The Birth of a Global Materials Company
Dow Spinout Styron Hits the Ground Running
When the news broke in November 2009 that both Dow and BASF were looking to sell their styrene assets, the race to find buyers was on. Now, seven months later, BASF still owns its assets, saying that they are performing well and that they are in no hurry to sell. Dow, however, recently closed the sale of its Styron unit to global private investment firm Bain Capital Partners. Now a standalone company, Styron is setting out to maintain its leading position in latex and polystyrene production. Brandi Schuster spoke with Paul Moyer, Styron's vice president for plastics, about the brand-new company's outlook, its continuing ties with Dow and its strategy for remaining competitive.
CHEManager Europe: Mr. Moyer, Dow has a 7.5% equity position in Styron; long-term supply, service and purchase agreements have also been made. To what extent do you plan on using the Dow name to leverage Styron?
P. Moyer: We'll continue to have a strong relationship with Dow; many of our plants are within Dow sites, and the company will also continue to provide many services to Styron - and vice versa. We also have our strong heritage from Dow, from the customer services we offer, to our focus on innovation and operational excellence. But now, instead of being one of many inside Dow, the products we offer now take center stage. We now have a much sharper focus on the customers we serve.
As an independent company, we are able to move much faster and we are able to concentrate on our key bread and butter products - latex and polystyrenes- in a way that just wasn't possible inside a large company.
How does Styron plan on positioning itself in the market?
P. Moyer: There are three important factors that we bring to the market: Our leadership position; our heritage; and innovation. We have a strong track record of successful, customer-driven innovation, and this is something we plan on accelerating. We are now able to intensify relationships with our customers to help them innovate and grow; and we have several interesting innovation projects in our pipeline.
To what degree is Styron backwards integrated? How affected are you by price volatility within aromatic raw materials?
P. Moyer: Looking at styrene monomers, we have a balanced supply portfolio. We produce our own in very competitive facilities, have long-term contracts with suppliers and we also buy on the open market as well. Looking out on the horizon as far as styrene is concerned, we are very pleased with this set up.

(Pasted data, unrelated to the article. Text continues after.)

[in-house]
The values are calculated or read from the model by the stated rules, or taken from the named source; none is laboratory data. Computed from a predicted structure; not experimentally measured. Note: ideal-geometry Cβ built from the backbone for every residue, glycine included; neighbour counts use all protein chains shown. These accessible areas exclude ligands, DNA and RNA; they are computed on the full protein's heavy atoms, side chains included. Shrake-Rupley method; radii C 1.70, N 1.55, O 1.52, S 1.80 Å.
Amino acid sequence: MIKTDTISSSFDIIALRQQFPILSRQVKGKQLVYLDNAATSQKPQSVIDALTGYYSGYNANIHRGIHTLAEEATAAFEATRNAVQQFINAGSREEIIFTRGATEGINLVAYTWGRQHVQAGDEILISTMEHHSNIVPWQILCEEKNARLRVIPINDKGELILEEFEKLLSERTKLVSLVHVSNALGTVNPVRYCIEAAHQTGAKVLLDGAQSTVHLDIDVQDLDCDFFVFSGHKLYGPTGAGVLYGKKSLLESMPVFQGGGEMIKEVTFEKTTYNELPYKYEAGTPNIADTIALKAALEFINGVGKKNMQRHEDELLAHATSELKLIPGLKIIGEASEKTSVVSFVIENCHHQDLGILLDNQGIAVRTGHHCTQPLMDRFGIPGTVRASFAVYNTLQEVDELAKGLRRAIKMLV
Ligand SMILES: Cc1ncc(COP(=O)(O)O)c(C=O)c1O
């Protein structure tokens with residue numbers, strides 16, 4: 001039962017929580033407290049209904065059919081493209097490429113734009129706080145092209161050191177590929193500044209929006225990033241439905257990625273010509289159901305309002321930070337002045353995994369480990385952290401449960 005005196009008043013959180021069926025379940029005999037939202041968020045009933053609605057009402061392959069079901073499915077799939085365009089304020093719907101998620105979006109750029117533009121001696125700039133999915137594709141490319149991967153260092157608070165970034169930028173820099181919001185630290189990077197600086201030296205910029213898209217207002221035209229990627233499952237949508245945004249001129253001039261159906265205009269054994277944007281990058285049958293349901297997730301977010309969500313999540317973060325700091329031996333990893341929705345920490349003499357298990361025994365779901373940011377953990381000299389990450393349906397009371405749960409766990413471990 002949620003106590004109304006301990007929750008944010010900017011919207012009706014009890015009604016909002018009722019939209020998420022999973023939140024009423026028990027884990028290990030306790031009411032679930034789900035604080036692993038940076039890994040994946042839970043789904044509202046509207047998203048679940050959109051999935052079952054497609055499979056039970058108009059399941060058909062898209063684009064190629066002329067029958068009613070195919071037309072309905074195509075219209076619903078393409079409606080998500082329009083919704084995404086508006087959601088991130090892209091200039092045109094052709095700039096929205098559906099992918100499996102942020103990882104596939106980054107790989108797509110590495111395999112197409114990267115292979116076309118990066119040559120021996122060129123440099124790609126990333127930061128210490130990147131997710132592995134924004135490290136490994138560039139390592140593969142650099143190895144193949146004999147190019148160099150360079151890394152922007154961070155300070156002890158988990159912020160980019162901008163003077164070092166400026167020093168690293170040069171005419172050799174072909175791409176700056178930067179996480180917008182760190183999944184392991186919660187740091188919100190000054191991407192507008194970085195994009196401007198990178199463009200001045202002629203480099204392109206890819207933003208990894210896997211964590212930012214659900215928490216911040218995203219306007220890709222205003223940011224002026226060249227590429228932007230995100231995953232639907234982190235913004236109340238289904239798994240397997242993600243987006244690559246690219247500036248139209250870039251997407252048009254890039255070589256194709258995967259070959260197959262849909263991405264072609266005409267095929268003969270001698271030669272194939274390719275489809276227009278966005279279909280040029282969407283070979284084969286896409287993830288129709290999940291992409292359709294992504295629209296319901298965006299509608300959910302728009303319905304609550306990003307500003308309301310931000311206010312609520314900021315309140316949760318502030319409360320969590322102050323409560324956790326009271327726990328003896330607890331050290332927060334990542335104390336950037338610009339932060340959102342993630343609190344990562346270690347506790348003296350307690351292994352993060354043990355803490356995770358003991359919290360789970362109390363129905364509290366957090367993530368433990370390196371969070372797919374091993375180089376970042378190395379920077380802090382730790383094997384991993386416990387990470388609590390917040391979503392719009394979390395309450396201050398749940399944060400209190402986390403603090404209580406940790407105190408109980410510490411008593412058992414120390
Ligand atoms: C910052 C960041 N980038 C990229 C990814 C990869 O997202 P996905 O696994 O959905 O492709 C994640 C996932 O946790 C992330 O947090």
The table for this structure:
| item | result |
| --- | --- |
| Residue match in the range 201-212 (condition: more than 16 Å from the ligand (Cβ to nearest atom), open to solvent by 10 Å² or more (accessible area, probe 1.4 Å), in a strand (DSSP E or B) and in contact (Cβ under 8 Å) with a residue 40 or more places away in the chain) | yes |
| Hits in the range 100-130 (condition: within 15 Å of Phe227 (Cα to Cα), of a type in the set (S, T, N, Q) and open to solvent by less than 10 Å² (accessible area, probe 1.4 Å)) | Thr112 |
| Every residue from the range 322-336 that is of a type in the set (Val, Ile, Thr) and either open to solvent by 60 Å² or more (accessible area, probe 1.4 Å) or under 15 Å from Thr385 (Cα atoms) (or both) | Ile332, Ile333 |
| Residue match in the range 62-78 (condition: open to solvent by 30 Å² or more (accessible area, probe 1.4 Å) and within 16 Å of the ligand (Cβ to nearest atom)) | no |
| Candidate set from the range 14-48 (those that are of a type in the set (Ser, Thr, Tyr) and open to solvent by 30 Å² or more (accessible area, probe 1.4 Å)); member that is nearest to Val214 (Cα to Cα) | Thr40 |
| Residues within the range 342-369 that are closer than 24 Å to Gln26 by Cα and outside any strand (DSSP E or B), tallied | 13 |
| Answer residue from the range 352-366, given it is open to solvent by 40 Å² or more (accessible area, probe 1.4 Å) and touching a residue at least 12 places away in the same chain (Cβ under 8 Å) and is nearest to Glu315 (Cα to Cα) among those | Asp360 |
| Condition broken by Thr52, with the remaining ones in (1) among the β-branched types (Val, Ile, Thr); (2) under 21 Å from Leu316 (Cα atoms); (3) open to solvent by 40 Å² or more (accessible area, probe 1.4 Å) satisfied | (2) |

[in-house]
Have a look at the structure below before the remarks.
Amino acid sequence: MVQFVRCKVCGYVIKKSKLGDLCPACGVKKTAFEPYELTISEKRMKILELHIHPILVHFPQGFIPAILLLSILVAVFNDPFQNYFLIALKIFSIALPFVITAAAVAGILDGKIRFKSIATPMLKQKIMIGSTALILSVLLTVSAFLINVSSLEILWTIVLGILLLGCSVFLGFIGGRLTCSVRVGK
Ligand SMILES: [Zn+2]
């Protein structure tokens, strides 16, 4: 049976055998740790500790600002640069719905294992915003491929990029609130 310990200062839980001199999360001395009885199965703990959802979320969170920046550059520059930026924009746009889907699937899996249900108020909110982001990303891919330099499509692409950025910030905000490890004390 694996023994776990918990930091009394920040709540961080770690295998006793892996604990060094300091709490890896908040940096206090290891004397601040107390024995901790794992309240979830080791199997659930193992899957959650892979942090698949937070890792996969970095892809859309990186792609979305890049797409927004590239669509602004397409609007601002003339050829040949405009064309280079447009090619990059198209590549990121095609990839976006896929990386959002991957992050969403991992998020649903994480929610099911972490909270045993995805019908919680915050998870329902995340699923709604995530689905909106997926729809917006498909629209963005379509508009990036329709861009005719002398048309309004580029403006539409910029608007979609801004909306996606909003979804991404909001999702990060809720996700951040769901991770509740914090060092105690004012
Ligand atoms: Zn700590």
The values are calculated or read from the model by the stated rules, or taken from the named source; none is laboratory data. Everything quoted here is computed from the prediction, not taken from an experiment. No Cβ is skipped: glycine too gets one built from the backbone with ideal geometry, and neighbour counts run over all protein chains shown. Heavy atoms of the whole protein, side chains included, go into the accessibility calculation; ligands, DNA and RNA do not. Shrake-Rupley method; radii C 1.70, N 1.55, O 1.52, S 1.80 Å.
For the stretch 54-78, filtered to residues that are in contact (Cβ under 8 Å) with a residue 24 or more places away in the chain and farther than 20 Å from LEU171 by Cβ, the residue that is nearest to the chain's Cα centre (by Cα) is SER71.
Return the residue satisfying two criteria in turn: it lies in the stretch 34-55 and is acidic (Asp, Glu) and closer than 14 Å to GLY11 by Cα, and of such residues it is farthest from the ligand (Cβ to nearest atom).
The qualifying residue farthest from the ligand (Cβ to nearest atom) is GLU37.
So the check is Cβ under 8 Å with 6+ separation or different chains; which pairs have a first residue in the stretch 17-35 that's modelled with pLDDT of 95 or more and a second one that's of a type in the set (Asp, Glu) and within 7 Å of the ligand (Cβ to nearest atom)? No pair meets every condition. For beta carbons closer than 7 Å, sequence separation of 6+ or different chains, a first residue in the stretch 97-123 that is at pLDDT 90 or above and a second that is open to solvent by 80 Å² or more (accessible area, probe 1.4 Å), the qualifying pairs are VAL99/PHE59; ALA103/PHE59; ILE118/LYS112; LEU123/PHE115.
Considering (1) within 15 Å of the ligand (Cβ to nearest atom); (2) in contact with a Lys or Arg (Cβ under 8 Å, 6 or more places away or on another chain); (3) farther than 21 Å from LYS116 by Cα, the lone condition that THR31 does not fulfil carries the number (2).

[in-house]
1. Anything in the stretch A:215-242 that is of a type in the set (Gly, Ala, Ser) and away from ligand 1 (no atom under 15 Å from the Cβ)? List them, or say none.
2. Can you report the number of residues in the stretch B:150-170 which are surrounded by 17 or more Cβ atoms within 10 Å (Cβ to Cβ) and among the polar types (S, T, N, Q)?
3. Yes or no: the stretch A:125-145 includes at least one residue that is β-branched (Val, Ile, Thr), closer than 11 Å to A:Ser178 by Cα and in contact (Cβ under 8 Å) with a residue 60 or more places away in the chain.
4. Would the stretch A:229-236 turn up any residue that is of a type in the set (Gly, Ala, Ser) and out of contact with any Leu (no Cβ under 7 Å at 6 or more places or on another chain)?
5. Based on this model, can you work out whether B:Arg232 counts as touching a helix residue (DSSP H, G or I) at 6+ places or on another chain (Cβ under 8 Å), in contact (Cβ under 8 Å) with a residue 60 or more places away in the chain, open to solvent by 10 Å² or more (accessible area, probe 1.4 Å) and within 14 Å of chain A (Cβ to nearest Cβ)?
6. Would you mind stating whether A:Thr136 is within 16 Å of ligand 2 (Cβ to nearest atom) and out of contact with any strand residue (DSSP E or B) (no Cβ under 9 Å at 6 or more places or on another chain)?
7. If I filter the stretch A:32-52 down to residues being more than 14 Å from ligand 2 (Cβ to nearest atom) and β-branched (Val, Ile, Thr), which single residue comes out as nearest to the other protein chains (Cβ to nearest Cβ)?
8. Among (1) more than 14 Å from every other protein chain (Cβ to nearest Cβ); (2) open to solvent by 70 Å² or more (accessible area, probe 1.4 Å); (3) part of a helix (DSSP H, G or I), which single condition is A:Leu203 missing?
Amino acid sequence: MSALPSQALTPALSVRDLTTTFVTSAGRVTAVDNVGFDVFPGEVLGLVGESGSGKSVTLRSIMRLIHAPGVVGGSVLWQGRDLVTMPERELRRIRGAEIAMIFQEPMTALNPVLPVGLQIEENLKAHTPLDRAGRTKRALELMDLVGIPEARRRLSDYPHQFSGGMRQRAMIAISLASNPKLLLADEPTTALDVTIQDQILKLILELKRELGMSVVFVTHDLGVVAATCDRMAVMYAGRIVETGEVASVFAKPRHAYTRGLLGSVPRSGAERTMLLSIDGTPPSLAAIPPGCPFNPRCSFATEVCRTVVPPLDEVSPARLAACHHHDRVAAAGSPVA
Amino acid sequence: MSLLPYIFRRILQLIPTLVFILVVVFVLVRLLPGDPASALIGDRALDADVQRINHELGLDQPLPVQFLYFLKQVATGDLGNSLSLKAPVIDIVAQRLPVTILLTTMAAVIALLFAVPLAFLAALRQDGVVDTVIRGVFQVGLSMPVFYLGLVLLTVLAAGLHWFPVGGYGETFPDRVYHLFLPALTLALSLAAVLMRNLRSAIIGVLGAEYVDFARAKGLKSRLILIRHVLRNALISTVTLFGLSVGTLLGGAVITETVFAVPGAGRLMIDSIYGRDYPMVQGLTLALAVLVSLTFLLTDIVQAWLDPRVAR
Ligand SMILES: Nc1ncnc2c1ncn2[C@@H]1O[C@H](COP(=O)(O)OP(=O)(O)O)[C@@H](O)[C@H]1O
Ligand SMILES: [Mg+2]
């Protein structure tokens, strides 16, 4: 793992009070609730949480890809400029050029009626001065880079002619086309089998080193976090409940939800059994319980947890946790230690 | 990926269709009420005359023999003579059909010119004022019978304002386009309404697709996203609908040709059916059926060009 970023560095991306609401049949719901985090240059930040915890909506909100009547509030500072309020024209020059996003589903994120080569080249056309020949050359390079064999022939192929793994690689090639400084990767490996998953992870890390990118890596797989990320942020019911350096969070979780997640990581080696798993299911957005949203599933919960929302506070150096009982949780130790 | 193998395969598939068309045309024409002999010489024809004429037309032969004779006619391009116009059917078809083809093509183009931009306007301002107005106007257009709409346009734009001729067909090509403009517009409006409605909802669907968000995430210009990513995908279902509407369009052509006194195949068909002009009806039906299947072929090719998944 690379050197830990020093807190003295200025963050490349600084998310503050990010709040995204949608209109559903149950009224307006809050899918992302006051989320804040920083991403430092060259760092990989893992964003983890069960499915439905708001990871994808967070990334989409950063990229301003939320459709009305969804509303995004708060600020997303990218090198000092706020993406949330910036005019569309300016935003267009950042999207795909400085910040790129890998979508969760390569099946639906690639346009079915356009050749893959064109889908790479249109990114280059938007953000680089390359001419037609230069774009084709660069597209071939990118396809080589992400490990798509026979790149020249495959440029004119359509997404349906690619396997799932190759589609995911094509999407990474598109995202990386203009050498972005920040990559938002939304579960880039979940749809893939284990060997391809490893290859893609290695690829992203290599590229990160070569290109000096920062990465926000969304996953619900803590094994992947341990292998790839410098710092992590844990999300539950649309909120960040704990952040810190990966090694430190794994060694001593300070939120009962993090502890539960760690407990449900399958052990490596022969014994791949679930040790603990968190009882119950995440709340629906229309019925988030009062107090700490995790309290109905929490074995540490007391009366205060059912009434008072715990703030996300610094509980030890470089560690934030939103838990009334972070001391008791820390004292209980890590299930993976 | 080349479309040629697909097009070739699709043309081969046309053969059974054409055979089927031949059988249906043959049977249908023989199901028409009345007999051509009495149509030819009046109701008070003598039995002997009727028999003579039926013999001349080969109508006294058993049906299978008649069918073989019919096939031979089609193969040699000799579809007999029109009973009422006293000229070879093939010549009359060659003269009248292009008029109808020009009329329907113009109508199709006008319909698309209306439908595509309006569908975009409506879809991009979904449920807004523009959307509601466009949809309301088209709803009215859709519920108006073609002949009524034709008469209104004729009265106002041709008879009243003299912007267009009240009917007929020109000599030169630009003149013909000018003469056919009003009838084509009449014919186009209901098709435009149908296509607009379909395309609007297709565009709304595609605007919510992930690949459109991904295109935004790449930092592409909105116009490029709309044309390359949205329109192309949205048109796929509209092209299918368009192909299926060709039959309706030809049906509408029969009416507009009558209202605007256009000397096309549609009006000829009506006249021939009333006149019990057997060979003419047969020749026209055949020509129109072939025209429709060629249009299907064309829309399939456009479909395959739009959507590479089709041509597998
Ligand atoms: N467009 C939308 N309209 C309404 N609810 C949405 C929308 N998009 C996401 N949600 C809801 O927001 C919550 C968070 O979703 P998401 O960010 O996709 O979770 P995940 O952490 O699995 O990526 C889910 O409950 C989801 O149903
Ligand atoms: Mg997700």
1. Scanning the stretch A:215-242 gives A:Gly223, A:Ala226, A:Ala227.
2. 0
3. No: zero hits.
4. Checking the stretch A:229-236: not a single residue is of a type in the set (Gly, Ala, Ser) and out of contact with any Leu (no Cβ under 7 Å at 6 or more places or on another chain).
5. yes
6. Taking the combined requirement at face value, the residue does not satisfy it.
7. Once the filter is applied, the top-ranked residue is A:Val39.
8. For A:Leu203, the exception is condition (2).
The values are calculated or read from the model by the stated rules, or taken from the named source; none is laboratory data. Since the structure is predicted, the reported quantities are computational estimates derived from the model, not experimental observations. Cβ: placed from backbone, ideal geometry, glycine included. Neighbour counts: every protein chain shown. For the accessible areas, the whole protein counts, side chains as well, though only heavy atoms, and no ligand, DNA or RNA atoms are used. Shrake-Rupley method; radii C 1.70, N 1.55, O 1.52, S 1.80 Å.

More and more styrene is expected to hit the market as the worldwide recession comes to an end. How does Styron plan on counteracting price pressure?
P. Moyer: The pricing pressures from styrene monomers come and go with the volatility of the marketplace. Our pricing is really based on the value we bring to our customers and their applications. As I mentioned before, we're constantly working with our customers on innovation.
P. Moyer: Several years ago, we introduced a new family of polystyrene resins under the name Styron A-Tech. This new line of resins made it possible for our customers to use less material while still retaining the performance characteristics. That family of resins became the gold standard in the industry. We are now working with industry leaders on the next generation of these resins, which will be launched this year.
This is where we capture value on the marketplace. We bring a value proposal to our customers that allows them to use less material while maintaining a high standard of performance. That's our strategy as we go to market.
Are there plans to invest more in technology and capacity for polystyrene?
P. Moyer: While there won't be a lot more investment in capacity for polystyrene, we are investing in polystyrene technology and innovation in order to continue to differentiate Styron on the marketplace.
About 60% of your workforce is in Europe. How cost competitive is polystyrene production at Styron's plants compared to other producers located in the Middle East or Asia?
P. Moyer: Compared to other kinds of plastic and rubber products, polystyrene is not a resin that tends to flow in great quantities across regions; therefore it's a logical consequence to produce close to the consumer. Our plants in Europe are very cost competitive. We are where our customers are today and where our customers and the growth will be in the future.
In North and Latin America, we go to market via the joint venture Americas Styrenics. Our European and Asian plants are in a strong position, both in terms of cost and logistics. All of our plants are cost competitive in the industries they serve.
New plants are cropping up in the Middle East and Asia, forcing older assets to close. Is Styron looking to divest any of its 20 manufacturing sites worldwide?
P. Moyer: That is not our intention moving forward. Our intention is for top-line, profitable growth.
Organic growth or will acquisitions also play a role?
P. Moyer: We will take it all into consideration. There are plenty of opportunities in the markets in which we participate, and we are always looking for opportunities as we move forward. There is nothing imminent, but that is certainly a part of our growth strategy.
Where do you see room to grow in the mature styrene market?
P. Moyer: Our product portfolio is very unique - we're not just about polystyrenes. We have products in the pipeline for all of the industries we serve, from consumer electronics to packaging, to automotive, to building and construction. There is plenty of room for growth across our entire portfolio.
What is your outlook for the rest of the year?
P. Moyer: We are excited. We have plenty of opportunities in front of us, and we want to continue the smooth transition to marketplace. Our goal is to continue to work with customers and help them grow and be successful together.